Sep 21, 2015 No Comments
"It is astounding to realise that the international community has failed 20 times to sufficiently address climate change. For how long do we have to keep telling ourselves that it all will be different this time around?" asks Erik-Jan Van Oosten. He explores the reasons why the current negotiation process is unlikely to succeed before going on to propose a Plan B: CapGlobalCarbon.
Aug 09, 2015 No Comments
Is it realistic to insist, as Feasta climate group members are doing, that world citizens could set up a global trust that would issue fossil fuel extraction permits , thus ensuring that greenhouse gas emissions gradually reduce to zero? What about politics? Cartel pressure and greed? And how can we get the word out about Cap & Share in the first place? Laurence Matthews makes some practical suggestions.
Nov 06, 2014 Comments Off on Update on the “Sink or Sue” climate litigation project
Here's an update by David Knight on the Feasta climate group's plan to organize a mock trial next year, in partnership with a large group of allies, many of whom already have legal experience relating to climate change. The mock trial will be an initial step towards a real court action and would develop and test a claim against a fictitious British Fossil fuel company for contributing to the damage caused by climate change.
May 19, 2014 4 Comments
As the 99% become progressively aware of embedded unethical and unfair systemic values, might monetary disengagement become a key part of a trend to separate and distance ourselves from the mainstream economy – a Great Separation? By Graham Barnes.
Mar 24, 2014 1 Comment
In the second part of his interview with Alexander Ac, David Korowicz argues that the large-scale predicament and the emergent socio-economic stresses that we are beginning to experience has very little to with fraud, corruption and the greed of a tiny few. He believes it has a lot to do with our human civilization running into limits.
Feb 22, 2014 Comments Off on Lessons learnt from the not-so-radical Tyndall emissions conference
Several Feasta climate group members attended the Tyndall Radical Emissions Reduction conference in December 2013. Three of them - Nick Bardsley, Brian Davey and Laurence Matthews - have shared their reactions to the way the conference was organised. You can also download posters that were displayed at the conference by John Jopling, Nick Bardsley and Brian Davey.
Feb 11, 2014 2 Comments
For the first time a cryptography-based currency or altcoin, Auroracoin, has designed-in a predistribution (via premining) of currency. This article sets out a draft vision of how an altcoin that is designed to give priority to positive aspects of living neglected by the financialised economy might operate. By Graham Barnes.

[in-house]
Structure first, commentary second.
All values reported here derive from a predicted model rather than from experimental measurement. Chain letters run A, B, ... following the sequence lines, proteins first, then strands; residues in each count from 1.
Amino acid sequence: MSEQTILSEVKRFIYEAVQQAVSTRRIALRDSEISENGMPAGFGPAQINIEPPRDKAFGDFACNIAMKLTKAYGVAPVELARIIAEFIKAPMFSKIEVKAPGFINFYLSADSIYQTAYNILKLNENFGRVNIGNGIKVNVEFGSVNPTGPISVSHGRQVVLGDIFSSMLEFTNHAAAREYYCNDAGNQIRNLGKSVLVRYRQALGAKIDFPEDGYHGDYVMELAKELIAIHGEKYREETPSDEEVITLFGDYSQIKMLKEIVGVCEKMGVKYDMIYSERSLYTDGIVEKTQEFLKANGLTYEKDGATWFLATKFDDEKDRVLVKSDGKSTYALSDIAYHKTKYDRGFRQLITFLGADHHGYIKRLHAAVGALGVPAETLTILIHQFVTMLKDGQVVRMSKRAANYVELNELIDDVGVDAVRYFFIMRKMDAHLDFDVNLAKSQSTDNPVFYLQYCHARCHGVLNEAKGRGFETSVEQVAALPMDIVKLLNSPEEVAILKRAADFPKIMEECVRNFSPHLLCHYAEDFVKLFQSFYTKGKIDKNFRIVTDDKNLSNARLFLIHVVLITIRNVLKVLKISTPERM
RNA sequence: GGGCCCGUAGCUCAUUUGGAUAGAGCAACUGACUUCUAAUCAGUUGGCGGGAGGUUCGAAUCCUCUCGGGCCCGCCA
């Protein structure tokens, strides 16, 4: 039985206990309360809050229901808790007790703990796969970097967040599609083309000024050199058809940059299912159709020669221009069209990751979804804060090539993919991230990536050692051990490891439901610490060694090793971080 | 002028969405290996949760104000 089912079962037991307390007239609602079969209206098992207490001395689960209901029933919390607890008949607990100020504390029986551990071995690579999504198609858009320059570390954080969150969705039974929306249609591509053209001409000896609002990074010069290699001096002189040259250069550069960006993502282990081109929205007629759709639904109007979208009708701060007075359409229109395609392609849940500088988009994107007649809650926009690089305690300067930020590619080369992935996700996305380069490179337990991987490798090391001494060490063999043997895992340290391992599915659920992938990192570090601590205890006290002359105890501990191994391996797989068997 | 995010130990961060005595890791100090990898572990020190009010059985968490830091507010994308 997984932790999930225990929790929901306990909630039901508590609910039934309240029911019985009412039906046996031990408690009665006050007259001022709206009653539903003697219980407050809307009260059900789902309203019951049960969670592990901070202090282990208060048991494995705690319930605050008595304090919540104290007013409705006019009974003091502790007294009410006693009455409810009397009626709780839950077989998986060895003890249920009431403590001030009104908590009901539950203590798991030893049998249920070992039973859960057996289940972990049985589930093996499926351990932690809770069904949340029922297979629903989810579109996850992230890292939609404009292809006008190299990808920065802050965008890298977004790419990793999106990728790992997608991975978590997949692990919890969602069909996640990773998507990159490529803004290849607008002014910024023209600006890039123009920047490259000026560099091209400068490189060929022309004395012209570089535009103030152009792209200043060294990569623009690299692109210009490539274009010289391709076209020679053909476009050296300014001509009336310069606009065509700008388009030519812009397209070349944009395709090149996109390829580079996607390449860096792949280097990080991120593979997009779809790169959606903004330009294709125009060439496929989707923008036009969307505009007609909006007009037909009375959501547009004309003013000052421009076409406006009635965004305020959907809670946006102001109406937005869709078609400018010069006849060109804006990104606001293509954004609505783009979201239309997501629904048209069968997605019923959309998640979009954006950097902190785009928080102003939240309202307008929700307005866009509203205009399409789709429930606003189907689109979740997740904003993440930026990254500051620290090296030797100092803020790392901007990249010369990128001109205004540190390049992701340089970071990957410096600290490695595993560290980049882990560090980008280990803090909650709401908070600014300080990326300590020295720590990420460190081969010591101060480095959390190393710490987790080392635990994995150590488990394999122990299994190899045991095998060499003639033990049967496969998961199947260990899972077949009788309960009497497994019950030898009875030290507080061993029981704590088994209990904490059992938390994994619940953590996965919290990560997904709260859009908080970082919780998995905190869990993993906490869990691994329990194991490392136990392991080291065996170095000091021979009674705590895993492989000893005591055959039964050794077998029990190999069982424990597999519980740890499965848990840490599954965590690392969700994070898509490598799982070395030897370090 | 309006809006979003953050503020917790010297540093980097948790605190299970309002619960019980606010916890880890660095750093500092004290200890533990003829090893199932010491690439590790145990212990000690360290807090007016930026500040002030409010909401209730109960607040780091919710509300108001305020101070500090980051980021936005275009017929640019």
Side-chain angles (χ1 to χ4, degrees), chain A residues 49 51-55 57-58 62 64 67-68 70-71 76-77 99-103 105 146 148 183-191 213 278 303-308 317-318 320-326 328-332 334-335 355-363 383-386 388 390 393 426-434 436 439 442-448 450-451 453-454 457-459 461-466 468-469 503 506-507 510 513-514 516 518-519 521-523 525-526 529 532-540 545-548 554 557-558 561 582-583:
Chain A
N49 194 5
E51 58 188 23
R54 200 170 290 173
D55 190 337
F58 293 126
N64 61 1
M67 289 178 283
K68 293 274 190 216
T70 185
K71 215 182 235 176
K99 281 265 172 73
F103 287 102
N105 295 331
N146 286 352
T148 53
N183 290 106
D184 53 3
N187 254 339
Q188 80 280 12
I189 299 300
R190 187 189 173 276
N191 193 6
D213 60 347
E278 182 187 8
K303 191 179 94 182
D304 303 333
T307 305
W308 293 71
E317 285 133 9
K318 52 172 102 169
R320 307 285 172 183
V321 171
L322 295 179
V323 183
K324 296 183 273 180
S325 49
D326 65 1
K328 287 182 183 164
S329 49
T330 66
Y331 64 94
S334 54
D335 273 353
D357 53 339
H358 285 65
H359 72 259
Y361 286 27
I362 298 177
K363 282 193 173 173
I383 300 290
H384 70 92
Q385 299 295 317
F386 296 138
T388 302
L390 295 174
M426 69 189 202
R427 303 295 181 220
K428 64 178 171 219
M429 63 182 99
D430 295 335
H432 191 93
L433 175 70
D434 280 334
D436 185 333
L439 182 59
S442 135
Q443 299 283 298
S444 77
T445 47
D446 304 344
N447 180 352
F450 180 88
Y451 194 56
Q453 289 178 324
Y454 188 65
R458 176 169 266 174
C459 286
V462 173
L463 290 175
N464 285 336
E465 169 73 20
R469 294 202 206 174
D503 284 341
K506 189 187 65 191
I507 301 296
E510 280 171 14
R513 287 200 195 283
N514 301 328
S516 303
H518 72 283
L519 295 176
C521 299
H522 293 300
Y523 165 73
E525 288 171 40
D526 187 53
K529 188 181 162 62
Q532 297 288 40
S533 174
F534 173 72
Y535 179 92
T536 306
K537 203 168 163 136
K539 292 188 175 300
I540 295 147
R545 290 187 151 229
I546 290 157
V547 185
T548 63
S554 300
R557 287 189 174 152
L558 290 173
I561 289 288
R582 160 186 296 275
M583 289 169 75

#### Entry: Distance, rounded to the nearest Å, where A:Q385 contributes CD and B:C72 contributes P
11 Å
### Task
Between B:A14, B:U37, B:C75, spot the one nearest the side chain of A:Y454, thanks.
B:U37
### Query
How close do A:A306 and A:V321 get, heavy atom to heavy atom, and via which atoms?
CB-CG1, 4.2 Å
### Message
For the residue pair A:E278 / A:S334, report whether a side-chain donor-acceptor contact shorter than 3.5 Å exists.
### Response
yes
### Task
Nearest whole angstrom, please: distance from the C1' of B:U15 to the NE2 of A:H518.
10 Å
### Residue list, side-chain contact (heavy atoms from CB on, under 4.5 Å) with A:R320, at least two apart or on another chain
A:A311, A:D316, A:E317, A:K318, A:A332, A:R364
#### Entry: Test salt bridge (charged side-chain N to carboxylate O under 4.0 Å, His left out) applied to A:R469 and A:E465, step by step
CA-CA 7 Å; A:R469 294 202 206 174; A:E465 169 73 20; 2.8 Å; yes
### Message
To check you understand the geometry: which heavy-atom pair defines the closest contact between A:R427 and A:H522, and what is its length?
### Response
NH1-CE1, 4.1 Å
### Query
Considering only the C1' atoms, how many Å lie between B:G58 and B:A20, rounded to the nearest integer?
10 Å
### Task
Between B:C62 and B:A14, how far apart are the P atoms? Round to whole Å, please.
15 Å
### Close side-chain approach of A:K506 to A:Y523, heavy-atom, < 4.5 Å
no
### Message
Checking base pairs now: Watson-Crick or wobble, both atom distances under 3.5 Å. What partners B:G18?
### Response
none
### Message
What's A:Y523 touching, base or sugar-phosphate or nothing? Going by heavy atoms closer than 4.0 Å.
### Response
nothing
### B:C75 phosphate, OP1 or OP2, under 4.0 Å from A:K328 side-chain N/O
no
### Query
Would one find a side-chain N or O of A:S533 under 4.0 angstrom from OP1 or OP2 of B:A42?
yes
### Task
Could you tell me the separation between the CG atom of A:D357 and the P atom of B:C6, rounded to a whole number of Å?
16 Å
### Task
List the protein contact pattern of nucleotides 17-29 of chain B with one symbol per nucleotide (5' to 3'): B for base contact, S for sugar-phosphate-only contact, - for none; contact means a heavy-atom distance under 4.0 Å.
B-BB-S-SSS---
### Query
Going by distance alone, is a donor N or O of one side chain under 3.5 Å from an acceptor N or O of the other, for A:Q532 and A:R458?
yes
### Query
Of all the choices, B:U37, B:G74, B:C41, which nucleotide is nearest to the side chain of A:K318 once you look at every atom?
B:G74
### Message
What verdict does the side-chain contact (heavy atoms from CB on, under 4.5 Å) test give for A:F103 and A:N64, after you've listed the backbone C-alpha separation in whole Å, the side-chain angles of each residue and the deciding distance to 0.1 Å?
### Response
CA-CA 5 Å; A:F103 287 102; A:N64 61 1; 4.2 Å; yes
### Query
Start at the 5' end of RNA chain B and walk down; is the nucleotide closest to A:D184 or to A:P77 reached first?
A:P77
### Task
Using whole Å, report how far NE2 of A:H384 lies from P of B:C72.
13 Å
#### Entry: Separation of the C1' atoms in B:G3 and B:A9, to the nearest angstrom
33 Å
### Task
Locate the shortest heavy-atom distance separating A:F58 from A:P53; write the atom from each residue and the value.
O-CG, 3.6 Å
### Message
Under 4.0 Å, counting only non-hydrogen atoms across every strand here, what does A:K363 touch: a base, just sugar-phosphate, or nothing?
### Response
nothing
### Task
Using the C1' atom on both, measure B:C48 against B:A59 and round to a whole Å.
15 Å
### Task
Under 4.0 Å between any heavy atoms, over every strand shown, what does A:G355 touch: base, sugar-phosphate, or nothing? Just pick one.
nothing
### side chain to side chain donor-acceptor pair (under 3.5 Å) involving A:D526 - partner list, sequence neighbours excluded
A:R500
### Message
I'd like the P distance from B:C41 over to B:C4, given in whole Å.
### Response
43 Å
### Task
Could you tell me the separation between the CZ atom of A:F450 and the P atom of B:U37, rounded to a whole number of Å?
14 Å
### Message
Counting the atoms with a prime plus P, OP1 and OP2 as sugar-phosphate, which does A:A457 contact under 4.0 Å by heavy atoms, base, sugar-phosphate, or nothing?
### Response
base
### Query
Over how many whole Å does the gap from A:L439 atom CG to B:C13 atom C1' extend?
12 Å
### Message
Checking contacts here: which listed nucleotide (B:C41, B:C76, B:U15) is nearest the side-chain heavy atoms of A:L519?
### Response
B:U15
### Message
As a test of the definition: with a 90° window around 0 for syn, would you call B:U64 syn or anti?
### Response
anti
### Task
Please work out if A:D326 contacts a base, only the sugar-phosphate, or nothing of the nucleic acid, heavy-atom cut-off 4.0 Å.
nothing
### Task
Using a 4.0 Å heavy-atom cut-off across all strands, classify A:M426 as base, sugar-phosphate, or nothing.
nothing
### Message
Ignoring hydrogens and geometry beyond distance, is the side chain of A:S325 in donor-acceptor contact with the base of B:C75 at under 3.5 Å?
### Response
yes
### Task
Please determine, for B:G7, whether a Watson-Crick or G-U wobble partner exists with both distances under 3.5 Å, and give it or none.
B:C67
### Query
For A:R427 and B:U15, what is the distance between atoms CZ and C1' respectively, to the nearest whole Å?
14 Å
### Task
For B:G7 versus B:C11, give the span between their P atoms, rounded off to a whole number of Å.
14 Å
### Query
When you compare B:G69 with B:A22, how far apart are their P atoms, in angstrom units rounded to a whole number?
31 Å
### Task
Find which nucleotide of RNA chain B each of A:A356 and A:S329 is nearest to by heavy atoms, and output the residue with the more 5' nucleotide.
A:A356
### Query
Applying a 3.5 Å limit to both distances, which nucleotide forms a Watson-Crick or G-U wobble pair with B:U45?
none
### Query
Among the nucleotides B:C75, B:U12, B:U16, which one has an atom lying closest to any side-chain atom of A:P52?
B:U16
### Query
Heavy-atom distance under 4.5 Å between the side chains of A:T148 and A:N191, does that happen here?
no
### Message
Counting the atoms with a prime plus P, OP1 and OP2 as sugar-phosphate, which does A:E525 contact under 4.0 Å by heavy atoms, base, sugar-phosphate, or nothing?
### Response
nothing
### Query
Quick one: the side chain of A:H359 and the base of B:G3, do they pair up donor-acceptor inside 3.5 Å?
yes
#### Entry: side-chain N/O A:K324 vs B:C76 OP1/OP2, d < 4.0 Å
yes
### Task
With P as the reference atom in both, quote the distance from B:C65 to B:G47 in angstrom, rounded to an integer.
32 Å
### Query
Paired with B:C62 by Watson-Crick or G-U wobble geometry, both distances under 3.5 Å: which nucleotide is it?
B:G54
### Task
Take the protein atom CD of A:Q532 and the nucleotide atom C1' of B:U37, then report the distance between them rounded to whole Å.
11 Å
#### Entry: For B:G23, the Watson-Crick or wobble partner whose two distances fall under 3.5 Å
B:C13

Jan 15, 2014 5 Comments
The casino metaphor has been widely used as a part-description of the phenomenon of over-financialisation. It's a handy pejorative tag but can it give us any real insights? This article by @GrahamJBarnes pursues the metaphor to extremes so that we can file & forget / get back to the football or possibly graduate to next level thinking.
Nov 19, 2013 Comments Off on Designer Currencies and the Preferenced Domain
Jul 19, 2013 1 Comment
This paper by David Korowicz provides an overview of the effect of a major pandemic on the operation of complex socio-economic systems using some simple models. It discusses the links between initial pandemic absenteeism and supply-chain contagion, and the evolution and rate of shock propagation. It discusses systemic collapse and the difficulties of re-booting socio-economic systems.
Jul 05, 2013 Comments Off on “Fresh approaches to tackling climate change” FEASTA climate group workshop
Governments aren't tackling the climate crisis - so what can be done? That is the question that Feasta climate group members sought to answer in two cutting edge workshops in Winchester at the end of June. Uniquely, the two day workshop brought together lawyers, social scientists, ecological economists and climate change activists who were briefed on the science of sea level rise and extreme weather events by two leading climate scientists.
Apr 01, 2013 1 Comment
Financing of renewable energy projects is hampered by two systemic economic effects - market 'externalities' that make them appear less attractive (versus fossil fuel development) than they should; and the effect of embedded interest in the cost of capital. Graham Barnes describes some creative methods for overcoming these hurdles.